The farmland site lay outside but immediately adjacent to a tightly drawn settlement boundary around a large village. Core strategy policy supported the consolidation, expansion and rounding off of such settlements but only within the defined boundaries and the site fell to be assessed against policy restricting development in the open countryside and potecting landscape.
The council could not demonstrate a five-year supply of housing land despite recent improvements, and the inspector adopted the worst case scenario of 3.86 years laid out by the appellant, such that the settlement boundary was out of date and the presumption in favour of development applied to the scheme. He also noted much of the borough was constrained by green belt and AONB designations. However, core strategy policy also sought to protect other non-designated landscapes.
The character of the site derived from its open parkland appearance and character, and an elevated position above the valley, with expansive views across the site to the wider landscape and was clearly valued by local residents. Whilst the inspector did not consider the site a valued landscape as per the NPPF or that there would be more than minor harm to the setting of the AONB, he found substantial harm to the intrinsic character and beauty of the countryside and the attractive open parkland setting of part of the village, in conflict with core strategy policies and national policy. Regardless of some additional small harm to the setting of the listed hall with which the parkland was historically associated, he decided this harm to the countryside alone outweighed the housing and other benefits of the scheme and he rejected the proposal.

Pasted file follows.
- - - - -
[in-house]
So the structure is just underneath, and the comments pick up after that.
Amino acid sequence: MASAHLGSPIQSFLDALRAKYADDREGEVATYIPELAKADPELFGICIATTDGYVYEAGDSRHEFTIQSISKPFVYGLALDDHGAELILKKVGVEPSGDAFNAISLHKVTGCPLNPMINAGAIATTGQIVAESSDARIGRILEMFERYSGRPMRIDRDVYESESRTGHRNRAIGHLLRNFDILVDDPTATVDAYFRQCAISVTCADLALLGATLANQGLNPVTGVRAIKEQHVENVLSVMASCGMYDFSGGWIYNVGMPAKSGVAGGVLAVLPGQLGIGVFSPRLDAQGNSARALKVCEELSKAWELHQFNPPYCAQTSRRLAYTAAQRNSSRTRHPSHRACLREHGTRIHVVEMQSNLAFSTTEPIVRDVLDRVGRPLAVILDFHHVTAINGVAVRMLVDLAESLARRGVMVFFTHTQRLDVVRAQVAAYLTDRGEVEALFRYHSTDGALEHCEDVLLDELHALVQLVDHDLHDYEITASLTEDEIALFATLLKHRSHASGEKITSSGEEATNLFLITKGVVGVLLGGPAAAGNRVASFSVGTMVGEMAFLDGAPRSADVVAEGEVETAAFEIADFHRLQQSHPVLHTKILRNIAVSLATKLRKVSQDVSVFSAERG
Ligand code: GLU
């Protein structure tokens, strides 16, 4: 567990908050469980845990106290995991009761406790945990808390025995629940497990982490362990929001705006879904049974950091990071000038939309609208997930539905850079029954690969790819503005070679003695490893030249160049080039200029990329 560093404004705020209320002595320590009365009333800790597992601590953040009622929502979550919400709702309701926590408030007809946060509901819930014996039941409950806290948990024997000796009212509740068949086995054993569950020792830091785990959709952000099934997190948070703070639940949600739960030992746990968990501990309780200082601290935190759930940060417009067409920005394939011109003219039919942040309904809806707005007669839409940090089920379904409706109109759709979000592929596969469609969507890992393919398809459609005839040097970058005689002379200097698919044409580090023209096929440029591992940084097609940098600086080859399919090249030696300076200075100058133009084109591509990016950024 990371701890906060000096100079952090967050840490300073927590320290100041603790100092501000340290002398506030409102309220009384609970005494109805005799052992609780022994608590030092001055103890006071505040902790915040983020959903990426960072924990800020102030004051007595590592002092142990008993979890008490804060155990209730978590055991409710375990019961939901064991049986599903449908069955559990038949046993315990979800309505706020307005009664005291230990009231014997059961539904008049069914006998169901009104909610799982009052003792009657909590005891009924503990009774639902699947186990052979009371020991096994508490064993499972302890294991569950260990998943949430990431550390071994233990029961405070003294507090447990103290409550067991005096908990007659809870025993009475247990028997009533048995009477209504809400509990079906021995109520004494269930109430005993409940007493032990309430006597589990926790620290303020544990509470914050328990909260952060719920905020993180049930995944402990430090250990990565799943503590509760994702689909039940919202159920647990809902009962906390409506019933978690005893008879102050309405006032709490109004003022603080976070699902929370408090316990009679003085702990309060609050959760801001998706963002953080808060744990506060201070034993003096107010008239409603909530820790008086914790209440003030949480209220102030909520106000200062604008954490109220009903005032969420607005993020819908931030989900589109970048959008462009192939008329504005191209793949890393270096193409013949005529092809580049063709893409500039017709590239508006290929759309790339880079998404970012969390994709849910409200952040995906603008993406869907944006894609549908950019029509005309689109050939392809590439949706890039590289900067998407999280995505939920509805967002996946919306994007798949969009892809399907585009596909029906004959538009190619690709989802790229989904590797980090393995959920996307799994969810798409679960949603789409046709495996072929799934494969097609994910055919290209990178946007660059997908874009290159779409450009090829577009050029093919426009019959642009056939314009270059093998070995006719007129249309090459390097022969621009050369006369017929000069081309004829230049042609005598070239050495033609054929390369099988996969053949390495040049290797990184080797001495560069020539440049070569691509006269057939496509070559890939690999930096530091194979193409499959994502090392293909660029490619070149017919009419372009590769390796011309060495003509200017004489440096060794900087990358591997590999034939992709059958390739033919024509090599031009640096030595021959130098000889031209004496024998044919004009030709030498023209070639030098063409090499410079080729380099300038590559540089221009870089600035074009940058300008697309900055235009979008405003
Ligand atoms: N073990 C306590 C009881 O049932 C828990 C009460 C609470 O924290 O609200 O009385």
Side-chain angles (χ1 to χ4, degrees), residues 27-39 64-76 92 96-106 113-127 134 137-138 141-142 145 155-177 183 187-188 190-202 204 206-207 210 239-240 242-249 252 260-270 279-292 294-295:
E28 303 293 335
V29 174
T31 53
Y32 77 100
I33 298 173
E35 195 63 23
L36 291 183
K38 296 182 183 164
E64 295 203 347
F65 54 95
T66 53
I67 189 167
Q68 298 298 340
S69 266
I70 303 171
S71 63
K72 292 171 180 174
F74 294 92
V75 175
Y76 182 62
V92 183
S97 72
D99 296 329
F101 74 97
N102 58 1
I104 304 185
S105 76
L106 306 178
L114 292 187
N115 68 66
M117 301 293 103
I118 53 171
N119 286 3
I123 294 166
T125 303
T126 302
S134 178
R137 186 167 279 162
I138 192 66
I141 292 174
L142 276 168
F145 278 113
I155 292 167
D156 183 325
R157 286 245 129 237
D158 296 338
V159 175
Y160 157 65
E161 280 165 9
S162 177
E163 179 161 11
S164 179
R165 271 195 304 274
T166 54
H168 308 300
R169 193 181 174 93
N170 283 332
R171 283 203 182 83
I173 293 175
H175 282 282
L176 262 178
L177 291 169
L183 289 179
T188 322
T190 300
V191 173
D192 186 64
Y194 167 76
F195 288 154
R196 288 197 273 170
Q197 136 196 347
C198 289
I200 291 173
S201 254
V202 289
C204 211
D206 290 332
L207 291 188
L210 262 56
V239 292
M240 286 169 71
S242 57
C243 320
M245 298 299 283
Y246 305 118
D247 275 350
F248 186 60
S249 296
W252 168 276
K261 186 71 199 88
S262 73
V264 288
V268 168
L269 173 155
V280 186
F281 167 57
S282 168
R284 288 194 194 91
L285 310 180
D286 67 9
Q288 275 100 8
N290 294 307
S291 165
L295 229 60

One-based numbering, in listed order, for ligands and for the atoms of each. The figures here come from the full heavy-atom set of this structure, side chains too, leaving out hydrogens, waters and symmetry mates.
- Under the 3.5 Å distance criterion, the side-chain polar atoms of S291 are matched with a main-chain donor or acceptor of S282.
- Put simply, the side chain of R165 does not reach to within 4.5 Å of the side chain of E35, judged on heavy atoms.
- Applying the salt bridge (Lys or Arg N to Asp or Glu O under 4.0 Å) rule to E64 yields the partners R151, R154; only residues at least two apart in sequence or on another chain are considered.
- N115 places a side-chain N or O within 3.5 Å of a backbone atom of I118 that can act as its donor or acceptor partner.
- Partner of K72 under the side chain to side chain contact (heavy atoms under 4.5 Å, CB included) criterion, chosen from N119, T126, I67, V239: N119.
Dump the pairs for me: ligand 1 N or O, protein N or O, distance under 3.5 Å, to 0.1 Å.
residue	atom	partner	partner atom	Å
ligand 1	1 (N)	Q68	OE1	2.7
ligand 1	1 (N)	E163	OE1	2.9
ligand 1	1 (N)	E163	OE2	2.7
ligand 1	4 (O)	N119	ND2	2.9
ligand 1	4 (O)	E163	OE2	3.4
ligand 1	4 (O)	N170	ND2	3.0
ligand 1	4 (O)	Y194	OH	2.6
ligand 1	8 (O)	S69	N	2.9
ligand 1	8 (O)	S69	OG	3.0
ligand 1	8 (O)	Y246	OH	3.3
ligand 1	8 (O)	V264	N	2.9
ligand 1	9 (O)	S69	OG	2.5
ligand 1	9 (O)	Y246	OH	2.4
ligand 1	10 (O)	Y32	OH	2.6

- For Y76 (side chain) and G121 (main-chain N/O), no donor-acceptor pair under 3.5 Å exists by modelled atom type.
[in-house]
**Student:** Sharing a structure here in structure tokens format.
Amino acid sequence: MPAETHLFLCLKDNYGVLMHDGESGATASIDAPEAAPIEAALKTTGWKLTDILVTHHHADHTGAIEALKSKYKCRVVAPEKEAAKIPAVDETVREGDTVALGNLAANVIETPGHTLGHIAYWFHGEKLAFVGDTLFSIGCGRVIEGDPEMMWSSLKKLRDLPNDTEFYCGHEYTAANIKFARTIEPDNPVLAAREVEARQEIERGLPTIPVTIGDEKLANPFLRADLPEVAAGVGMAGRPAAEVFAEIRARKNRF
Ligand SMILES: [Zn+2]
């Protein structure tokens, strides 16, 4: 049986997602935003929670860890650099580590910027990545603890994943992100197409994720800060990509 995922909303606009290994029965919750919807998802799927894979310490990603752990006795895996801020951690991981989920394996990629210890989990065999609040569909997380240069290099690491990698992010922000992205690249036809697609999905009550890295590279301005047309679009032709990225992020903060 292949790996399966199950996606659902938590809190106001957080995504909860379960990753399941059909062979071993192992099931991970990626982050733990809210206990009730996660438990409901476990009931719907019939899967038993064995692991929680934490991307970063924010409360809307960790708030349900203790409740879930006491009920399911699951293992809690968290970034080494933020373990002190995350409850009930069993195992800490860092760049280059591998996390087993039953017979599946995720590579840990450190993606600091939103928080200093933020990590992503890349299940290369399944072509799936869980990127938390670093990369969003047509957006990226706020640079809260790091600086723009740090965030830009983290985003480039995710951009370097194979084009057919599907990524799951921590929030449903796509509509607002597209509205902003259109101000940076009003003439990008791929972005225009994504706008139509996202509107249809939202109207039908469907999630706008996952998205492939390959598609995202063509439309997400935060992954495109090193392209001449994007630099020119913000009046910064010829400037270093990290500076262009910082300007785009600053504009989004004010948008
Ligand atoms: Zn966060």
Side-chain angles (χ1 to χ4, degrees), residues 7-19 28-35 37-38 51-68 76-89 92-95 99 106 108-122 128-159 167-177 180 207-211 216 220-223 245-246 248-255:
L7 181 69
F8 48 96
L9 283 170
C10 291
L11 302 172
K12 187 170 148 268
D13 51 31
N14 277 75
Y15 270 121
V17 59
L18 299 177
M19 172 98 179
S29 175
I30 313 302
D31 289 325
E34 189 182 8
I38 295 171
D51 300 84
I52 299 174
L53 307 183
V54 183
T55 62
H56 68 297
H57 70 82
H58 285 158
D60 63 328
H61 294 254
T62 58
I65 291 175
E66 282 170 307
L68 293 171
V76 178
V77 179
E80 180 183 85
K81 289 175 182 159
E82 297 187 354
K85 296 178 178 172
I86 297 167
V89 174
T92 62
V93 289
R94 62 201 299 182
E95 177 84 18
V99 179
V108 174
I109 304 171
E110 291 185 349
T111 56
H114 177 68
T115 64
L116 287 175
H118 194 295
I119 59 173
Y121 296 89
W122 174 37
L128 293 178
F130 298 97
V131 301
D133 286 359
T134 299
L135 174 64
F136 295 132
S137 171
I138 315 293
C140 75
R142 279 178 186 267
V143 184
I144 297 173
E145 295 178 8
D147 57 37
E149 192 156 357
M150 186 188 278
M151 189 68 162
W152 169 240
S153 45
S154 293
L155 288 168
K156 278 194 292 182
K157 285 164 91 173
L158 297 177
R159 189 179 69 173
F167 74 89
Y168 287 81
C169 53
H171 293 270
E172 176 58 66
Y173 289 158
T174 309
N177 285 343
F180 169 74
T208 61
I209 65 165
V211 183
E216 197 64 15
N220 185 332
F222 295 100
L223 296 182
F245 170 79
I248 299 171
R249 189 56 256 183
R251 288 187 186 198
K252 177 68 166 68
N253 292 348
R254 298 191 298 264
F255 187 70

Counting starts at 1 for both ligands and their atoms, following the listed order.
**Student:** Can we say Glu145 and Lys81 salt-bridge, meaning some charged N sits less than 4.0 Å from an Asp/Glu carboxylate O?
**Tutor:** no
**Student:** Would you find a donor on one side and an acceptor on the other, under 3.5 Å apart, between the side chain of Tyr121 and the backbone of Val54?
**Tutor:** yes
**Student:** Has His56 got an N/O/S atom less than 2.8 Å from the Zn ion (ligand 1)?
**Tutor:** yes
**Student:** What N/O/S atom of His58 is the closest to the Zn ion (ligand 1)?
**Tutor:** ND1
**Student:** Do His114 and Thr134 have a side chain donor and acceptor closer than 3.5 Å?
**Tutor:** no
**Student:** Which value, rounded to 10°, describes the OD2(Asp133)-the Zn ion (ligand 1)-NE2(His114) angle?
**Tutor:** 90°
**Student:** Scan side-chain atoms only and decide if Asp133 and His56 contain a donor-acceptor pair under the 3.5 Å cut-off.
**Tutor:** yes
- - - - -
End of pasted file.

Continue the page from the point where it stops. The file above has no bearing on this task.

Inspector: Philip Lewis; Hearing